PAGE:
- Threats due to lack of fuel to energize the locomotive, with the deficiency being a consequence of supply chain interruptions caused by storms or other threats to the fuel system.
In other words, to do a comprehensive analysis of the threats to the railway subsectors, one needs to think in a broader scope than one might otherwise undertake.
Interdependencies (With Passenger Railways & Systems as the Base)
Many published papers and articles have addressed the concept of interdependencies and how they relate to critical infrastructure systems. A paper published in 2006 by the Idaho National Laboratory (INL) spoke directly to this point. The purpose of the underlying research was to survey literature related to U.S. and international research in interdependencies. The paper cited a quote from the 2002 Congressional Research Service Report for Congress, “The Nation’s health, wealth, and security rely on the production and distribution of certain goods and services,” which is the basis for the term “critical infrastructure” (CI). The relationships among different sectors of critical infrastructure were not significantly studied until the mid- to late 1990s. One of the consequences of this has been an “incomplete understanding of the interdependencies between infrastructures,” as quoted from a 2002 RAND report cited in the INL 2006 paper.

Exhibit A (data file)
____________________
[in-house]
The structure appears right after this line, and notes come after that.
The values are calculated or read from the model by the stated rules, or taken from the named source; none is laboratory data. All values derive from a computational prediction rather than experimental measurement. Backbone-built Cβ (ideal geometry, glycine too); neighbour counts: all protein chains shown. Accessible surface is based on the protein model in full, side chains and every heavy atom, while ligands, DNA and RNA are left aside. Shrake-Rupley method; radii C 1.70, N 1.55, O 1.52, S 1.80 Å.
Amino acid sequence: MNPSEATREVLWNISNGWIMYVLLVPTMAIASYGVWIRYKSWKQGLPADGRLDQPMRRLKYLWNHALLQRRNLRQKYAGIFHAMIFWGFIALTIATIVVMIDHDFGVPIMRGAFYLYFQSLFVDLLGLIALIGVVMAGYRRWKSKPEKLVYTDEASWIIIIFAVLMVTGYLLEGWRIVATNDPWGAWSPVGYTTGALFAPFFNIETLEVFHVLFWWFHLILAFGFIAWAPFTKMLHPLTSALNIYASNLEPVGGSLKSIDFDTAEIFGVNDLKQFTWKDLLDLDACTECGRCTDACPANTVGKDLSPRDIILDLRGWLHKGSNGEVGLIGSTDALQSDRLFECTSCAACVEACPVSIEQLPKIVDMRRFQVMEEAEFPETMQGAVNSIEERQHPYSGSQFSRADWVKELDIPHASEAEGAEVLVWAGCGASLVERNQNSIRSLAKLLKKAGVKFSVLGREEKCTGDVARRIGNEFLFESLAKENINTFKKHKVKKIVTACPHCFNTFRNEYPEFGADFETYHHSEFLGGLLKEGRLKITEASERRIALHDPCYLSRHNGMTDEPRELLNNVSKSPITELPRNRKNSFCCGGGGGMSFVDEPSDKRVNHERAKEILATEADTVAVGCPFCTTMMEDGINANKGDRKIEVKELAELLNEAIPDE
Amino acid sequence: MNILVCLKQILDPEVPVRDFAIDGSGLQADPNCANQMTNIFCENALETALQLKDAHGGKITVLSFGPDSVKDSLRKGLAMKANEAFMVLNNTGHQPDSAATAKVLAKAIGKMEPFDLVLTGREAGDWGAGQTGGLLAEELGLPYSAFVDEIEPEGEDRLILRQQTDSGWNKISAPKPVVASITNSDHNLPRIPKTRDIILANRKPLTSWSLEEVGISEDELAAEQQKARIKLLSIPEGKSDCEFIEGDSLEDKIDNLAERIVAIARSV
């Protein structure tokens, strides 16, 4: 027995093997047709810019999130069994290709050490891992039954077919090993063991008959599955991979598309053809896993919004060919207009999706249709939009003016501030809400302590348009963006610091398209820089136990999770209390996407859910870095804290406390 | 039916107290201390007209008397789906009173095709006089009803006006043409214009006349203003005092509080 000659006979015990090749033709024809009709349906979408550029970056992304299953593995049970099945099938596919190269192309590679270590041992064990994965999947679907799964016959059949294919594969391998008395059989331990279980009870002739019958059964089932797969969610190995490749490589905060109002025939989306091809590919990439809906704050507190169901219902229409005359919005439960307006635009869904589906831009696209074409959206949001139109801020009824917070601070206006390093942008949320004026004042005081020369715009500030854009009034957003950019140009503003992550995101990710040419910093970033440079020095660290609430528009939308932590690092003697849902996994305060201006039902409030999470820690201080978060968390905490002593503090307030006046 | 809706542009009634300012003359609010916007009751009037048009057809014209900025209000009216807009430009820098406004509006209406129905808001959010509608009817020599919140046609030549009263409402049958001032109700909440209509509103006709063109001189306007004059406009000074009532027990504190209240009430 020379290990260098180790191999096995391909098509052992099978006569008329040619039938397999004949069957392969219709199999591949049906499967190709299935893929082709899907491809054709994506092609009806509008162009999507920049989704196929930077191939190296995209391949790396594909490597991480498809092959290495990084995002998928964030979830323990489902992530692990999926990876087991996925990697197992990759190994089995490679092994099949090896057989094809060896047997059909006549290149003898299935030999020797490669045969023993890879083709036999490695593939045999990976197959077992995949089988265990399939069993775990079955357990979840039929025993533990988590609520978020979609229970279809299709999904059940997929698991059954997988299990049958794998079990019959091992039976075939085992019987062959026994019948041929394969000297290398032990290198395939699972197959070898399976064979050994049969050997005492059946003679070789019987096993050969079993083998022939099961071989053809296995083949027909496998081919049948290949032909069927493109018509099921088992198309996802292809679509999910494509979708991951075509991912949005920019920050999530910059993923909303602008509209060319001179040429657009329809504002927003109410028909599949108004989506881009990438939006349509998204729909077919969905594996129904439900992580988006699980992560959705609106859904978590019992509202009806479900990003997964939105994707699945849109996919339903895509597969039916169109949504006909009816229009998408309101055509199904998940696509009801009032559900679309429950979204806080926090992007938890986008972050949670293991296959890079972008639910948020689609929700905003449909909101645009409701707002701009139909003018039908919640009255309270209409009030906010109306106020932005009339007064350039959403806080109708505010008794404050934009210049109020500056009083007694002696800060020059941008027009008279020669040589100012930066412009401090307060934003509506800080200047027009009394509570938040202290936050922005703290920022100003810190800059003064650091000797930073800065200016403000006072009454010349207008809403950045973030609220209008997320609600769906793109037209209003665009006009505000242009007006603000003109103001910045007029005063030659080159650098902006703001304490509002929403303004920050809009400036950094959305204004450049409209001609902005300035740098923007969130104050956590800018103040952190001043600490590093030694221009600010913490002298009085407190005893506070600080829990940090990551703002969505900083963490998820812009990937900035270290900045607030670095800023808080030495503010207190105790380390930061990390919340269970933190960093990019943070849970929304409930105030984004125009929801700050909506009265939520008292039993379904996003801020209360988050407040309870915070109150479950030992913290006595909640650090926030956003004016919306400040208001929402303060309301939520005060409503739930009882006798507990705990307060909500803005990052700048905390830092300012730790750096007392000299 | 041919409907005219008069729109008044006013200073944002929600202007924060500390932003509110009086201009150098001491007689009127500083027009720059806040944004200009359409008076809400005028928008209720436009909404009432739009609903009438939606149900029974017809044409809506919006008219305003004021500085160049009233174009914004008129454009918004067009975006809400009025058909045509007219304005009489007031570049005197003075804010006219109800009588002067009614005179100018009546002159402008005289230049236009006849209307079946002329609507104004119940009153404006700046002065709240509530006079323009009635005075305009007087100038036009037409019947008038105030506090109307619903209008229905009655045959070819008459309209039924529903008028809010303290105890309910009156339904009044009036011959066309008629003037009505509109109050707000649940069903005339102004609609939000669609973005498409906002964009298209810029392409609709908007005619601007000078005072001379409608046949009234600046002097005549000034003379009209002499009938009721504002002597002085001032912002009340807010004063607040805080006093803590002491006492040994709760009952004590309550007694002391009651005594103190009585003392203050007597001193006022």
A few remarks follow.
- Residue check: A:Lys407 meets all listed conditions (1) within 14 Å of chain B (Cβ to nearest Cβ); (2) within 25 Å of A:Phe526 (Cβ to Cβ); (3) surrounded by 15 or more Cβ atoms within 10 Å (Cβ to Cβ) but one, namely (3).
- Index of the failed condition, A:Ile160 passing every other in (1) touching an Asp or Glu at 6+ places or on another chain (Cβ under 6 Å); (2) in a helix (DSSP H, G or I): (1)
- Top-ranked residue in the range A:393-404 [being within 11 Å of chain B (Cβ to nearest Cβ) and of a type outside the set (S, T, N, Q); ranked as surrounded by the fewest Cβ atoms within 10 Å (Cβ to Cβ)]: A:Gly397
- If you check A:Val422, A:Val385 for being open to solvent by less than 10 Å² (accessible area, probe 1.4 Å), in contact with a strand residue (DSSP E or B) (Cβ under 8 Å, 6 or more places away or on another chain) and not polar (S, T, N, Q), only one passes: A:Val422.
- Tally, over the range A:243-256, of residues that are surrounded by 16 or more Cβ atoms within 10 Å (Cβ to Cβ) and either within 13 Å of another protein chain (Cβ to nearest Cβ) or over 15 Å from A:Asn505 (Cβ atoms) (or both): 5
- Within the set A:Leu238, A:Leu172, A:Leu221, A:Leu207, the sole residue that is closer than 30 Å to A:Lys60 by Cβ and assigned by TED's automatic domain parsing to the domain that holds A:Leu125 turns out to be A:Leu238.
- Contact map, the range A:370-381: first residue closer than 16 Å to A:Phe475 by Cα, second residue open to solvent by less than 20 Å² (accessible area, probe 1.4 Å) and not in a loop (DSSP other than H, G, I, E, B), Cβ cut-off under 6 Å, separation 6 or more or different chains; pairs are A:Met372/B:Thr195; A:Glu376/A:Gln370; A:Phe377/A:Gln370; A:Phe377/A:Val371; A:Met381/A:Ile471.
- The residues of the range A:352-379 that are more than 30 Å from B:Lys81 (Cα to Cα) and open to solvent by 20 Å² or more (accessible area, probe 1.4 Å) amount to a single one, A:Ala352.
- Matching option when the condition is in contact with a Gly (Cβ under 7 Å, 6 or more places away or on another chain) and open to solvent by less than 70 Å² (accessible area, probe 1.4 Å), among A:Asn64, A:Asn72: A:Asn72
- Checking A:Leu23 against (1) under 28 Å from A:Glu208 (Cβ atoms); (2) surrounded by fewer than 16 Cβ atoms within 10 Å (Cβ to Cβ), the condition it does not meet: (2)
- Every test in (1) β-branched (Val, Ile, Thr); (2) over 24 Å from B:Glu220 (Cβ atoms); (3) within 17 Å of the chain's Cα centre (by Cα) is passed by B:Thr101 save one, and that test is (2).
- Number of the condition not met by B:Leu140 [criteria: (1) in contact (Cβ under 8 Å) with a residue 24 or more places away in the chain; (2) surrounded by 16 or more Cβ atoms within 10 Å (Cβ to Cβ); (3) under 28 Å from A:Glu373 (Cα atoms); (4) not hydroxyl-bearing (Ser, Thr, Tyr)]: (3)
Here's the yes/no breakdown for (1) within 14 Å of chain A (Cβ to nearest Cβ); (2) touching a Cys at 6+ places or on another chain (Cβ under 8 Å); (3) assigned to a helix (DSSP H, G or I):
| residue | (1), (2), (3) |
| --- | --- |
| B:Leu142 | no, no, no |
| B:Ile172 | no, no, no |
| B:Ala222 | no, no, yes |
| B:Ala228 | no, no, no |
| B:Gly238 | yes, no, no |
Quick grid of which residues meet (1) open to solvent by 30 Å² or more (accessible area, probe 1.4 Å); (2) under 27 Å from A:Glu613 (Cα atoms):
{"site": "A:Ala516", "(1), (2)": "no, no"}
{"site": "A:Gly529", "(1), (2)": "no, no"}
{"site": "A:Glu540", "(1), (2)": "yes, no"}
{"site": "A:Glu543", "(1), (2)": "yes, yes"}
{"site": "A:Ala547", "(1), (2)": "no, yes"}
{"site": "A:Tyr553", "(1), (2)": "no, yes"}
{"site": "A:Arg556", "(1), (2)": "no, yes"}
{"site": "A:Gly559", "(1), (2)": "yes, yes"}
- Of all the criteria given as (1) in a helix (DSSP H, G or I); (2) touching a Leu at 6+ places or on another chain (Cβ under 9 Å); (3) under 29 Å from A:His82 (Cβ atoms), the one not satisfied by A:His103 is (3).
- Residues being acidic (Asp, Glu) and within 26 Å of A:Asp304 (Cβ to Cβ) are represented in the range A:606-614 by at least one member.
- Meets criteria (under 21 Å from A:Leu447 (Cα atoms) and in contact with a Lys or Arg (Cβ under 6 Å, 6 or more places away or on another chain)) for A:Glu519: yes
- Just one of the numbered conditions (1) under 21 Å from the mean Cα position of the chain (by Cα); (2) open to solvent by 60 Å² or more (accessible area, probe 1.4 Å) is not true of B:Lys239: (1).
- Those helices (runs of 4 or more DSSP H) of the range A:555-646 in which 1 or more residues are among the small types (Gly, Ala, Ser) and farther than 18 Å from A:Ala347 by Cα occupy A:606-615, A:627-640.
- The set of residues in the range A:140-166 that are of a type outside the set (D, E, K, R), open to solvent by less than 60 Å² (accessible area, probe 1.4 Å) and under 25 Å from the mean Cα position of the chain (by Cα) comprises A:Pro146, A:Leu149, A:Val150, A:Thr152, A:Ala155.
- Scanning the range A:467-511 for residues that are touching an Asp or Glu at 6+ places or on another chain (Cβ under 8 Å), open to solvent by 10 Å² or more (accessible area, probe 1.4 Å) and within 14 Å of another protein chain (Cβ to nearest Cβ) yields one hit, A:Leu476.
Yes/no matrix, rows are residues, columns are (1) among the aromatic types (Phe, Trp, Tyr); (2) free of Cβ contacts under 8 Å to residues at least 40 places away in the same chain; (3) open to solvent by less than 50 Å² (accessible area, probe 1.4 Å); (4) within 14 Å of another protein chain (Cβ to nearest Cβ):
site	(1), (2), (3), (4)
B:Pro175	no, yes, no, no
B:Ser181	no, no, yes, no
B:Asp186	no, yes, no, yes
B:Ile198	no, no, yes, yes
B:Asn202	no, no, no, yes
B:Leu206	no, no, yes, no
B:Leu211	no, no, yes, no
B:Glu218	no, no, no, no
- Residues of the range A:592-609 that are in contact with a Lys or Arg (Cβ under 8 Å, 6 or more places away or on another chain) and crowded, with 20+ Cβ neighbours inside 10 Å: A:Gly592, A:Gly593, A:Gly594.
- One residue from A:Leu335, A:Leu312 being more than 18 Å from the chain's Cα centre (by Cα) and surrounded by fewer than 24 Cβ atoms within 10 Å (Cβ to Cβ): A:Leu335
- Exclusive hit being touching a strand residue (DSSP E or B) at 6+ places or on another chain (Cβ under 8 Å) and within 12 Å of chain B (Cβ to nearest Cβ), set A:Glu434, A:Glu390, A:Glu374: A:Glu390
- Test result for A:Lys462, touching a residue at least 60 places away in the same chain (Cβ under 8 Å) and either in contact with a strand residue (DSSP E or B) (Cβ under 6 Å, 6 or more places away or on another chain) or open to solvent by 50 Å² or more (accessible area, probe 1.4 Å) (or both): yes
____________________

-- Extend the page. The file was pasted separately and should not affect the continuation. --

Since the late 1990s, research and papers have been published defining and discussing the concept of interdependence and how this relates to critical infrastructure. Some characterize dependencies by category such as physical, cyber/informational, geographic/geospatial, policy/procedural, and societal. The takeaway is that once a classification system has been adopted, the relationships among CI sectors and subsectors can be examined.